Venom: A Film Review

By: Mimi Anagli

As someone who lives and breathes all things Marvel Universe, Venom was a film that I had been looking forward to for a very long time. When it finally came out and got destroyed by Rotten Tomatoes, I took the attack personally and had to decide for myself, is Venom really worth a 32% rating? Does it really deserve to be ranked lower than Sharknado 3: Oh Hell Yeah? I mean the film has “oh hell yeah” in its title, that should automatically drop it down to at least a 20% rating.

The biggest thing that stood out to me when watching Venom was that it did not feel like a Marvel movie whatsoever. I honestly forgot I was watching a Marvel movie until maybe the last quarter of the film. This clear distinction of who is a hero and who is a villain that we see in every Marvel movie wasn’t present in this film. The audience has to analyze and decipher their opinions on the characters themselves. I think a lot of this has to do with the fact that this is a Sony Marvel movie, meaning the film is associated with Marvel but is not directly from Marvel. It’s also not owned by Disney (yet) which, no shade intended, says a lot about why it didn’t have this childhood hero/villain vibe.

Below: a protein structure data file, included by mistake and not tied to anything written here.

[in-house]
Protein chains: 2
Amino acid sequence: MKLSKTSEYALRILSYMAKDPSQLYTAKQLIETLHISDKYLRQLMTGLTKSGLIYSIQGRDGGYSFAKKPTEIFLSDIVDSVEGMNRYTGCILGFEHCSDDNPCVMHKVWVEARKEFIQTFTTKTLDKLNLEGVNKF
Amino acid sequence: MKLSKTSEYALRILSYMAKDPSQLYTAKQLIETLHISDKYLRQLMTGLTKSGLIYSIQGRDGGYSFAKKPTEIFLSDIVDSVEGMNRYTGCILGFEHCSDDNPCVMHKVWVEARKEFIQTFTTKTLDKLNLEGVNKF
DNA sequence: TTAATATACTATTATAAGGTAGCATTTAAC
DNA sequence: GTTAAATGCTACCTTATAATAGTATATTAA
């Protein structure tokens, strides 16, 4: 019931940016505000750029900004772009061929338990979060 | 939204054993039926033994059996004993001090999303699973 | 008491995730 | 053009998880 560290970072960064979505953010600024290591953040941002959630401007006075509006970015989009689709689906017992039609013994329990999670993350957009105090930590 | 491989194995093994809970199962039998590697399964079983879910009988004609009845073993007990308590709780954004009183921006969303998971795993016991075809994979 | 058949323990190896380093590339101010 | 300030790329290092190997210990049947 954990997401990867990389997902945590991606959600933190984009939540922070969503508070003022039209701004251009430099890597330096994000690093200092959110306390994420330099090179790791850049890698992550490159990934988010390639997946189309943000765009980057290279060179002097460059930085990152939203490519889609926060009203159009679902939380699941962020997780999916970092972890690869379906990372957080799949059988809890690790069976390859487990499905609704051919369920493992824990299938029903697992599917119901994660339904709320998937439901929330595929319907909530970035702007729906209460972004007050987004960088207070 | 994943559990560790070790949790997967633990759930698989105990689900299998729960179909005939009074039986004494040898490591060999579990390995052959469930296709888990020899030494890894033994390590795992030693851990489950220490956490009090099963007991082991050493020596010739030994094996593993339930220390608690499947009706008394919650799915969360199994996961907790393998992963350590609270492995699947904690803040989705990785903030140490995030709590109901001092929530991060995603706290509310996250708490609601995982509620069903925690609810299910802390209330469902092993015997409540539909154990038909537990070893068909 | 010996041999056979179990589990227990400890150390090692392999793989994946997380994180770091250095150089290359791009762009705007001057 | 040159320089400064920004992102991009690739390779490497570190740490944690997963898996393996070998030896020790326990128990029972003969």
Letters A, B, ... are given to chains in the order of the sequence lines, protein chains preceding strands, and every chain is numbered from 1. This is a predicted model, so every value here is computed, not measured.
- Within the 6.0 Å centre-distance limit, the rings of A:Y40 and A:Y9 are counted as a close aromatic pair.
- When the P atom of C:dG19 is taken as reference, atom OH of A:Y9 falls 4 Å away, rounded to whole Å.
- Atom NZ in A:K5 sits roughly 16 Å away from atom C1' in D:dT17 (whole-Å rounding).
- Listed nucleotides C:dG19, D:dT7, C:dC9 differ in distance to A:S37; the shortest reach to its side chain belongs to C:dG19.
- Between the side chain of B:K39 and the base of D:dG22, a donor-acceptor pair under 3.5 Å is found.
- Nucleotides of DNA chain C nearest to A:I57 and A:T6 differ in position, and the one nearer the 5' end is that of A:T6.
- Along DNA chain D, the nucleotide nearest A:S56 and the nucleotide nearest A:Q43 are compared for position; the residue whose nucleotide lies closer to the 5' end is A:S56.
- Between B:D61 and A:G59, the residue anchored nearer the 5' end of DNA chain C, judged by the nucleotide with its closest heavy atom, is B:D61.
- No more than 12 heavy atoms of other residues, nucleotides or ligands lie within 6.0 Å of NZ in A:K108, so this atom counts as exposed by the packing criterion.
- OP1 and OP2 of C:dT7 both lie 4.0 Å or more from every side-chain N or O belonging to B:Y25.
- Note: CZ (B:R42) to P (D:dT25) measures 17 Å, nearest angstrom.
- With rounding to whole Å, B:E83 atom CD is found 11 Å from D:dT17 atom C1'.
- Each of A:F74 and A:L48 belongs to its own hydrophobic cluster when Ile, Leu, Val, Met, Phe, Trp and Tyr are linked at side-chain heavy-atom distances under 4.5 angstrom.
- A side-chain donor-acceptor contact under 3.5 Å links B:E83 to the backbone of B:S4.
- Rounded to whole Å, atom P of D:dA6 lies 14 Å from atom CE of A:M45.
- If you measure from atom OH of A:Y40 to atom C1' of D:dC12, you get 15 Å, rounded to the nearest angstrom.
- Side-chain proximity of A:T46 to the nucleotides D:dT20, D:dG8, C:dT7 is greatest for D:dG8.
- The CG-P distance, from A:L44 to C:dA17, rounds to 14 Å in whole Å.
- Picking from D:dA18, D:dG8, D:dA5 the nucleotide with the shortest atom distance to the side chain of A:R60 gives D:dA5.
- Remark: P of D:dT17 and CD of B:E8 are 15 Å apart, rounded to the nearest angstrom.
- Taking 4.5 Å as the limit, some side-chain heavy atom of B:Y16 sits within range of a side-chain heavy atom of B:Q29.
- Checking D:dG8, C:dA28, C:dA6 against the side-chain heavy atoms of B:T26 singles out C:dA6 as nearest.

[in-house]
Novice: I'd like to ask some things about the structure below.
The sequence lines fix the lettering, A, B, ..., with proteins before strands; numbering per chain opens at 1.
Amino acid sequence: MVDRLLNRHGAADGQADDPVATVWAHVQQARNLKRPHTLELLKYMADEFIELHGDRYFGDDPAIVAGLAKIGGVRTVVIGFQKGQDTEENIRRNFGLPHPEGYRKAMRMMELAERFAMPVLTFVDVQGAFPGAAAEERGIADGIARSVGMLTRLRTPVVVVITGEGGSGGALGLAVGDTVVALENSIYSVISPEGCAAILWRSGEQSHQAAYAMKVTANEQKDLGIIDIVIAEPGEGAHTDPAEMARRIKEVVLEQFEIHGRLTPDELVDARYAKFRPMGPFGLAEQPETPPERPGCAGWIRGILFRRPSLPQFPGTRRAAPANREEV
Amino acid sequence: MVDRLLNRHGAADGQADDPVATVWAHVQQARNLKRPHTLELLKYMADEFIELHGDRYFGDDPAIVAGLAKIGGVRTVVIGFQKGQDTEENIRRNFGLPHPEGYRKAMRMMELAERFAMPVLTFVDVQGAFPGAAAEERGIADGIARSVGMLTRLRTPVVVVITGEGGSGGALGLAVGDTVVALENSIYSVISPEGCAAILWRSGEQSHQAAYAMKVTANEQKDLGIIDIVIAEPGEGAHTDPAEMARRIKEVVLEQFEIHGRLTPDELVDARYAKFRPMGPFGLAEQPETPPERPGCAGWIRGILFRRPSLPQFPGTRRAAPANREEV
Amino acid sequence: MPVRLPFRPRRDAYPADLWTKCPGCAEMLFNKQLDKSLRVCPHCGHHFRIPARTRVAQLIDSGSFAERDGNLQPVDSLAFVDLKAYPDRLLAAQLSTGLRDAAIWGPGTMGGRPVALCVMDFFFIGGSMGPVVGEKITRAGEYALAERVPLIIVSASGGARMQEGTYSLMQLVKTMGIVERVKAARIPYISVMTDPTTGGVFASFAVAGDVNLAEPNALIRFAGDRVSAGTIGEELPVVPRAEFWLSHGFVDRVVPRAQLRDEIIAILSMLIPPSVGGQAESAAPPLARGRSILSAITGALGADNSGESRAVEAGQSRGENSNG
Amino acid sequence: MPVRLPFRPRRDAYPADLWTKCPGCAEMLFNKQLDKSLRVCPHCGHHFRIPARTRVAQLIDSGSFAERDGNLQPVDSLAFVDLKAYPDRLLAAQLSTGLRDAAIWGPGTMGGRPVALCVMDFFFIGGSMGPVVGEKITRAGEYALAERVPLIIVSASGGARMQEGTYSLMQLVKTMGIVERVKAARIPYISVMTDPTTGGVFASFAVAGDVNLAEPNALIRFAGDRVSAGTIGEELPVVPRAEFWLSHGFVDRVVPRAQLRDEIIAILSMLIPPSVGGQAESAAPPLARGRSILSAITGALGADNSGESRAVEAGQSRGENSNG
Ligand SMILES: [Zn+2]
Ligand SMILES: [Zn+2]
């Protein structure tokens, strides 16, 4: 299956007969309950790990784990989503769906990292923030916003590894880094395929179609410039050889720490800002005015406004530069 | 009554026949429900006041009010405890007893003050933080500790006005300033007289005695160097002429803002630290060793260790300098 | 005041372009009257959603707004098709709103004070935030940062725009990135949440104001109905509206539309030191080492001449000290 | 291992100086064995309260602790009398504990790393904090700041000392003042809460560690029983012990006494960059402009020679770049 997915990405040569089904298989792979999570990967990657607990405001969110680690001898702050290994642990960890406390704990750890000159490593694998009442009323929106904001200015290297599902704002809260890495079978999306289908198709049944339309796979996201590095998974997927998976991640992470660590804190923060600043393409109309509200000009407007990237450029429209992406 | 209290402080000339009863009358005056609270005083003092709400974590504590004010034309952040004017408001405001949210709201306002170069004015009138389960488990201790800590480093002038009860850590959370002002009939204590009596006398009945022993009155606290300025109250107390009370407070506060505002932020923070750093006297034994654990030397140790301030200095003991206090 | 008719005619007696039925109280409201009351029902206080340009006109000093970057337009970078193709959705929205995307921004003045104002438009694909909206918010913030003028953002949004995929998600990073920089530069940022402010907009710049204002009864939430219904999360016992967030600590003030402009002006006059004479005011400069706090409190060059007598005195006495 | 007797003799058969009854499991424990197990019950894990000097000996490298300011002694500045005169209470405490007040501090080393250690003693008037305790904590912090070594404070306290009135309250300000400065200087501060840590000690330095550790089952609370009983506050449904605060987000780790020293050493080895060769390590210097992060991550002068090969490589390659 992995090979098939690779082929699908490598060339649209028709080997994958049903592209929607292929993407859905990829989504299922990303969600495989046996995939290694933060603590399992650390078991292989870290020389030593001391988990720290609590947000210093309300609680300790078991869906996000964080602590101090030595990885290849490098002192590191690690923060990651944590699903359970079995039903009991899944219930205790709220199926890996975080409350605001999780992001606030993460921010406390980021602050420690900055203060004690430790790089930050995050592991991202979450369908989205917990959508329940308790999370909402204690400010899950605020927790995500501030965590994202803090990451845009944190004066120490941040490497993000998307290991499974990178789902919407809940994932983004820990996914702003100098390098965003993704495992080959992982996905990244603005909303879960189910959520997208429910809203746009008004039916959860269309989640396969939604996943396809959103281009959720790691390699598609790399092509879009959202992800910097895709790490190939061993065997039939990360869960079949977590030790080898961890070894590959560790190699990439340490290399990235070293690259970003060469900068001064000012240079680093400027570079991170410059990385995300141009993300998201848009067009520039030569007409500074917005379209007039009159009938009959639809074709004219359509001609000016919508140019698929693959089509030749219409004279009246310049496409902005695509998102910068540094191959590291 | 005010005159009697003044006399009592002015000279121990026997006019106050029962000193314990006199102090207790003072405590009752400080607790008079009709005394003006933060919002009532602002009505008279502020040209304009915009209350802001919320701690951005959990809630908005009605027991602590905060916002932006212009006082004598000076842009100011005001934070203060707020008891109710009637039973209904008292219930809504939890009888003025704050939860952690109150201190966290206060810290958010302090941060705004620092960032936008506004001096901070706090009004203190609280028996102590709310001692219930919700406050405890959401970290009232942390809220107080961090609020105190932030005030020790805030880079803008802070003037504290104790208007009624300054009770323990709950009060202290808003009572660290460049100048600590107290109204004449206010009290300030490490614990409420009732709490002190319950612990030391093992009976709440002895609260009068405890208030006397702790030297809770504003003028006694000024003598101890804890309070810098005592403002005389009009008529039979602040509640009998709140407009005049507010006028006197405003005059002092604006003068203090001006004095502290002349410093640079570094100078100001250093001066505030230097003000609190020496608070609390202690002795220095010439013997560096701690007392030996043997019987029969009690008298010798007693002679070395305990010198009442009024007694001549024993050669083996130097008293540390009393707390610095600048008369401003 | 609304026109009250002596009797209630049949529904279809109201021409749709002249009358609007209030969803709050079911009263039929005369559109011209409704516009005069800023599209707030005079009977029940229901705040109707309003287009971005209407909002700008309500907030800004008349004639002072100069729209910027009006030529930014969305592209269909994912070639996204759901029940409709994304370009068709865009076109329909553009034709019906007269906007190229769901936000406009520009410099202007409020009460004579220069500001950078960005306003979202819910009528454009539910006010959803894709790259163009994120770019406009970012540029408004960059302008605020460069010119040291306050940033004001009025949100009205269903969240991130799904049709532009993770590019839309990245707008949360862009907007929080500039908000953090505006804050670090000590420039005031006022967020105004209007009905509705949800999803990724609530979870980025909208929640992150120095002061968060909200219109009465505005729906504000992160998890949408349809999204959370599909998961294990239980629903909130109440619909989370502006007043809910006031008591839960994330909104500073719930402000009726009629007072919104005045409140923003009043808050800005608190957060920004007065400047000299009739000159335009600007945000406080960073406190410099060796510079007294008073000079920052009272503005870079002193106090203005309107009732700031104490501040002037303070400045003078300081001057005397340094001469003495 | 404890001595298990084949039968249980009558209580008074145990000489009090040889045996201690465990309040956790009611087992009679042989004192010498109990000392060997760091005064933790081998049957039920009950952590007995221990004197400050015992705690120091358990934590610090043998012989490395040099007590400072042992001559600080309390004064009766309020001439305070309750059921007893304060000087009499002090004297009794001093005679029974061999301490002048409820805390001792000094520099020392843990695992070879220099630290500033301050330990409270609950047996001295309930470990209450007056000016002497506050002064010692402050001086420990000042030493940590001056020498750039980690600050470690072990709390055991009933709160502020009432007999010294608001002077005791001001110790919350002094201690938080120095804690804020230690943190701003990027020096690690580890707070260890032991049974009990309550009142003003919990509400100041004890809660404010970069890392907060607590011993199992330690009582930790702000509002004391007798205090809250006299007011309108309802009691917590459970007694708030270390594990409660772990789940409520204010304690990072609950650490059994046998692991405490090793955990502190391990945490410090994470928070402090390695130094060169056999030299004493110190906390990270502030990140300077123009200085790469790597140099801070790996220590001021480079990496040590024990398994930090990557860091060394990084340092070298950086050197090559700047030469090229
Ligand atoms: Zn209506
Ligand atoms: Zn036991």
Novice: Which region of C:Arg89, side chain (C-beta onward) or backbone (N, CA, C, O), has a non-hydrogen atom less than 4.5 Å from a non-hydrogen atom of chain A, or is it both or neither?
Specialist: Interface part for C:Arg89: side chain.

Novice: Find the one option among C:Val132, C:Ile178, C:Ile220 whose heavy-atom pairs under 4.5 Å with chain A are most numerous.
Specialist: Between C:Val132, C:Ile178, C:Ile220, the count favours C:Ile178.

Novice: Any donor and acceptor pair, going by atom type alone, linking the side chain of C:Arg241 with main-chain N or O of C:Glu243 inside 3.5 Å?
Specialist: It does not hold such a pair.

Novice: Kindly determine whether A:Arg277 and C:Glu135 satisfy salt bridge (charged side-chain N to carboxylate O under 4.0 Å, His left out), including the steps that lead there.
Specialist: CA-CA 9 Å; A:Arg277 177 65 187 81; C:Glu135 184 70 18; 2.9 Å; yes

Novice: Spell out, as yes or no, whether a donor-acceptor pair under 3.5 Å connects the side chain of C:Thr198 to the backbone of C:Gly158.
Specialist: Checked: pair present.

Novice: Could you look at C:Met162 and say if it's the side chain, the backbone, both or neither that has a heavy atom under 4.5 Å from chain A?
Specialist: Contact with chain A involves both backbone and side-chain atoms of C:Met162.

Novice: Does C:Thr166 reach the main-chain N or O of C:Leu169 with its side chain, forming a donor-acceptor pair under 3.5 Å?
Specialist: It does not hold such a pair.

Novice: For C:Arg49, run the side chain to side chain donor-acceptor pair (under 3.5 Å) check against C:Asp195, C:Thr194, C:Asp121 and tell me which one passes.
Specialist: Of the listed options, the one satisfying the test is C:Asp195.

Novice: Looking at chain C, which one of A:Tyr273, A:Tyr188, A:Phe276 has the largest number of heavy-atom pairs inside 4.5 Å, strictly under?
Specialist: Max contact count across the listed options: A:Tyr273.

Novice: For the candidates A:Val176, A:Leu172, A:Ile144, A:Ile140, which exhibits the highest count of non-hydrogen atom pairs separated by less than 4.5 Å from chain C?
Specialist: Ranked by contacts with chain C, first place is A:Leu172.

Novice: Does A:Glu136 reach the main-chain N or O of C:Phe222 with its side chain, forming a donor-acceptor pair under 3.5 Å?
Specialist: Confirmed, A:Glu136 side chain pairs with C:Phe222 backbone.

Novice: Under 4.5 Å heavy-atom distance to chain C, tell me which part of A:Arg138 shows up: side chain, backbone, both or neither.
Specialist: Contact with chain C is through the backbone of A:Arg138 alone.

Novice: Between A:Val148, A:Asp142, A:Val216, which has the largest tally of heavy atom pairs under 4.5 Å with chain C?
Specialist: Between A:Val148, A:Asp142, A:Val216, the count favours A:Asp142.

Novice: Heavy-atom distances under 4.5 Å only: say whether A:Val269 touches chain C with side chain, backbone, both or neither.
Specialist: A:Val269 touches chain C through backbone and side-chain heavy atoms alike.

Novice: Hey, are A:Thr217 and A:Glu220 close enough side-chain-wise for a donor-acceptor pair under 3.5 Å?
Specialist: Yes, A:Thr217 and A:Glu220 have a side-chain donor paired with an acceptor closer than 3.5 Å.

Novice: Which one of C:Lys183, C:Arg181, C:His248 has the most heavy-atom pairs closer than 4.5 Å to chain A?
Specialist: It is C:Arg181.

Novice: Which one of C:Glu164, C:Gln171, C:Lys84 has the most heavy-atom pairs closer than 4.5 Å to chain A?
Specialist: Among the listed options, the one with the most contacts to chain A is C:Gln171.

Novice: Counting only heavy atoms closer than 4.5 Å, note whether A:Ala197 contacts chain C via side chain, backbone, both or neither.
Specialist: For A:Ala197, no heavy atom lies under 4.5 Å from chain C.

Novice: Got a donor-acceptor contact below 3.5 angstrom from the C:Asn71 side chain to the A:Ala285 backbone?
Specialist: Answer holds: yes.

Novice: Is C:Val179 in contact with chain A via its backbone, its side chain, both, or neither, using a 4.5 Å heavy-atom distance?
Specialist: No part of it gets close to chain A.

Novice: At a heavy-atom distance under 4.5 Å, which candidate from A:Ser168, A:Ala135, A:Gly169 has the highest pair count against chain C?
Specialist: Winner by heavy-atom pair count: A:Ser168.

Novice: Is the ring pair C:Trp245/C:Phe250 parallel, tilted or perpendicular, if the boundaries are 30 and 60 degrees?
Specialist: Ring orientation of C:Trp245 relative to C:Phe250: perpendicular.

I think the reason Rotten Tomatoes gave Venom such a poor rating is because it didn’t have a typical Marvel aesthetic. In their review, they say that the film is “in desperate need of a stronger attachment to Spider-Man.” In my opinion, that is nonsense. The film is an origin story- it is supposed to set Venom up as a character. With six, soon to be seven, Spider-Man films, I think we can survive 2 hours and 20 minutes without his presence.

Different does not equate to bad and I think Rotten Tomatoes fails to see that with Venom. They were so hung up on how different the film was, that they were unable to see how incredible it truly is, I mean with performances by Academy Award-nominated actors Tom Hardy, Michelle Williams, and Woody Harrelson, it is virtually impossible for the film to be bad.

 

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